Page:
What Eats Fleas

What eats fleas. Some people believe that you can keep your home flea-free if you don’t have any pets. They are wrong.

Fleas may be pets, but they may also live in your backyard because there are many places for fleas to breed and feed themselves until they find someone or something to drain the blood from.

Contrary to popular belief, Fleas can jump through clothing and bite you while they’re at it, unlike bedbugs – which bite through the material (like how a mosquito bites).

There are many ways to deal with fleas in your yard, but one of the most critical factors is making sure there aren’t virtually any insects around that can provide food for them.

What Eats Fleas

which bugs kill fleas

A common predator of fleas is insects. They are commonly eaten by fire ants, nematodes, spiders, frogs, toads, lizards and snakes.

Here are five bugs that will help reduce the number of fleas in your outside area.

1. Earwigs

Earwigs are ugly, scary-looking bugs with pinchers at the back of their bodies. They have large forewings, but they look like they don’t fly.

But they do and that makes them a great defense against pests like ants, spider mites, stink bugs, and small beetles.

Because earwigs seek out insects who are smaller than themselves for food – when one spots an earwig in your garden.

We always recommend that you not kill it unless it is in large numbers, as earwigs aren’t considered an infestation threat to indoor or outdoor environments thanks to the fact that they don’t make colonies or multiply rapidly (unlike some other garden pests).

Instead, write to us and tell us what else you’ve got going on so we can recommend the best way to get rid of these pesky things by dealing with their sources of origin and getting ahead of potential issues.

2. Lady Bugs

Ladybugs are in charge of eating some of the most annoying pests that people hate including fleas and aphids.

They also put down mealybugs, leafhoppers, and hoverflies that eat plants and can be very irritating to those who have to deal with them.

Due to their ability to reproduce in a short period, saying ladybugs multiply fast is an understatement! So it’s better to let a few live where they do not harm – like your house or basement.

Or you may choose to get rid of them after they help you take care of more experienced insects.

3. Spiders

red house spider

Regardless if you think spiders are creepy or scary, you must admit that they are one of the best helpers for any garden owner.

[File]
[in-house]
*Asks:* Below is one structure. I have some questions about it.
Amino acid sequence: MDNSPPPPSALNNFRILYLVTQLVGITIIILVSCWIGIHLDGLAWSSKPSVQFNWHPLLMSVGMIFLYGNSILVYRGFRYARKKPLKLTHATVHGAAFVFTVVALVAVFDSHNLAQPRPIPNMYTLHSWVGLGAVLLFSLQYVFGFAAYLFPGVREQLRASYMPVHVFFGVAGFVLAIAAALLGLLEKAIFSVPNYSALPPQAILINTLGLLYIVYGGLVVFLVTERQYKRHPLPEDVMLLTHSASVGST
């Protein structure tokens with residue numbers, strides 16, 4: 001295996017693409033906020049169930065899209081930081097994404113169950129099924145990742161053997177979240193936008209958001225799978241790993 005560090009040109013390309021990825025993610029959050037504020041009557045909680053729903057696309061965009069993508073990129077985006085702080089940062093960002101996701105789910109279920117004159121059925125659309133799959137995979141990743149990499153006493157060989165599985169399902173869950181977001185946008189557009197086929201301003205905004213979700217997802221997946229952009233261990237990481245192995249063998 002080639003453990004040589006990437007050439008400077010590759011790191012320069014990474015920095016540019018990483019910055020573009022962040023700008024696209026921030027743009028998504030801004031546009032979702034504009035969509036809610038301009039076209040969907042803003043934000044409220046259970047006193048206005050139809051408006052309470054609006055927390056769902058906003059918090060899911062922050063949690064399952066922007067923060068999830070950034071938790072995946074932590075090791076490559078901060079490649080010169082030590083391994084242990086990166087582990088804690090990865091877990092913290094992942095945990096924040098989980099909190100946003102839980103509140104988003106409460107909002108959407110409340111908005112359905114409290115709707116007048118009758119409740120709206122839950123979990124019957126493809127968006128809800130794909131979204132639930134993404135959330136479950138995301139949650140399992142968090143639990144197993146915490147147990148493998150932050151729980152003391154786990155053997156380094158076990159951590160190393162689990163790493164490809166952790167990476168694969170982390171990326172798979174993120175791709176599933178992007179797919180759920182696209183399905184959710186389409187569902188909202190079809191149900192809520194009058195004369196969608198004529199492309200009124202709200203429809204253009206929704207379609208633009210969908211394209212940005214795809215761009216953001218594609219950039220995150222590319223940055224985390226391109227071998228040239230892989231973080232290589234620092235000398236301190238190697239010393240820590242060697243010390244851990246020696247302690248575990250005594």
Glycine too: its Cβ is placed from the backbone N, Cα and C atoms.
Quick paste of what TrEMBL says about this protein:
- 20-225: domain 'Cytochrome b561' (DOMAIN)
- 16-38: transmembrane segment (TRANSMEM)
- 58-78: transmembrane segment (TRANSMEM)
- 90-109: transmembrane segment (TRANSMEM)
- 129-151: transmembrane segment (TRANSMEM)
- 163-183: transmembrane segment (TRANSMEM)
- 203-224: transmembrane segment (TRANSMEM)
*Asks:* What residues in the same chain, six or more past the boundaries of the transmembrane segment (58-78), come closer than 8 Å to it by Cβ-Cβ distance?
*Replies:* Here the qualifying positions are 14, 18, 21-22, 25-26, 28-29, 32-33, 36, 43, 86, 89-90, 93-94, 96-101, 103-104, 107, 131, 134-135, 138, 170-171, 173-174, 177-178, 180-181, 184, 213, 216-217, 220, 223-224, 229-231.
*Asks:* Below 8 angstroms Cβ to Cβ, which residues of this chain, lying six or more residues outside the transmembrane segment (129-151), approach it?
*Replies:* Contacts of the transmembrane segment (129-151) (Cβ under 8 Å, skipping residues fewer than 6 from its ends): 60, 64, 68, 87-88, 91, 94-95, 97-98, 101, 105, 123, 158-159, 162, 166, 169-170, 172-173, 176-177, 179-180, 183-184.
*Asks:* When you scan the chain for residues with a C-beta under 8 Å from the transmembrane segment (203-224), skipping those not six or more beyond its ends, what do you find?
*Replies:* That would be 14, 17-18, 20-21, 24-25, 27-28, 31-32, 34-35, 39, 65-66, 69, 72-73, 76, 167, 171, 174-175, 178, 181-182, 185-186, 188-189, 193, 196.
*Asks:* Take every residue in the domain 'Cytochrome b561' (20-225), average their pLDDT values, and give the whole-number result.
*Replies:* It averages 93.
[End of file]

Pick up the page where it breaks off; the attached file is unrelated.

They eat anything smaller or bigger than their size and take care of their own insects’ problems, such as fleas.

Moreover, spiders have been beneficial since ancient times because they eat dangerous insects and bugs living in your garden.

4. Nematodes

Nematodes are fantastic tools for use in pest management. They’re a mild pesticide that you can use to get rid of your enemies, but they don’t harm beneficial things like bees, ladybugs, or other similar creatures.

But these little gals have a weaker attraction to light at night, so it’s best to spray your nematodes after dusk and before sunrise. And that’s the best time for nematode application.

5. Praying Mantis

Like spiders, praying mantises are insect eaters. They love to eat fleas because they hide in tall grasses where the flea community gets together to party and hang out.

There’s no reason to be afraid of these insects because they have never caused any harm to anyone or been known to bite humans or pets.

Praying mantises enjoy high places, so you may find them high up in the trees and living in a flower garden growing colorful flowers.

Despite their large size, praying mantises are pretty agile because of their tiny feet and short antennae. One praying mantis is enough to destroy an entire flea group, so it’s best not to exterminate it if you come across one.


Bugs and pests are nothing to be afraid of. You have to understand their biology and natural defenses; even the cockroaches would likely run away from you with all those in place. To help avoid or minimize any bug or pest encounter, making your home as cozy and companionable as possible is ideal. You could treat your house and garden as a habitat only fit for bugs, making it uncomfortable for them to live in.

You’d have to delude yourself into thinking that you’re one of something like The Amazons– which wouldn’t be too hard since, to them, even men look like giant bugs! So, start by blocking off the space under your bed with some giant leaves and maybe even rig up webbing around door frames so that the flies can’t get in (or out). In return for their cooperation, you might try not to kill all the spiders in sight.

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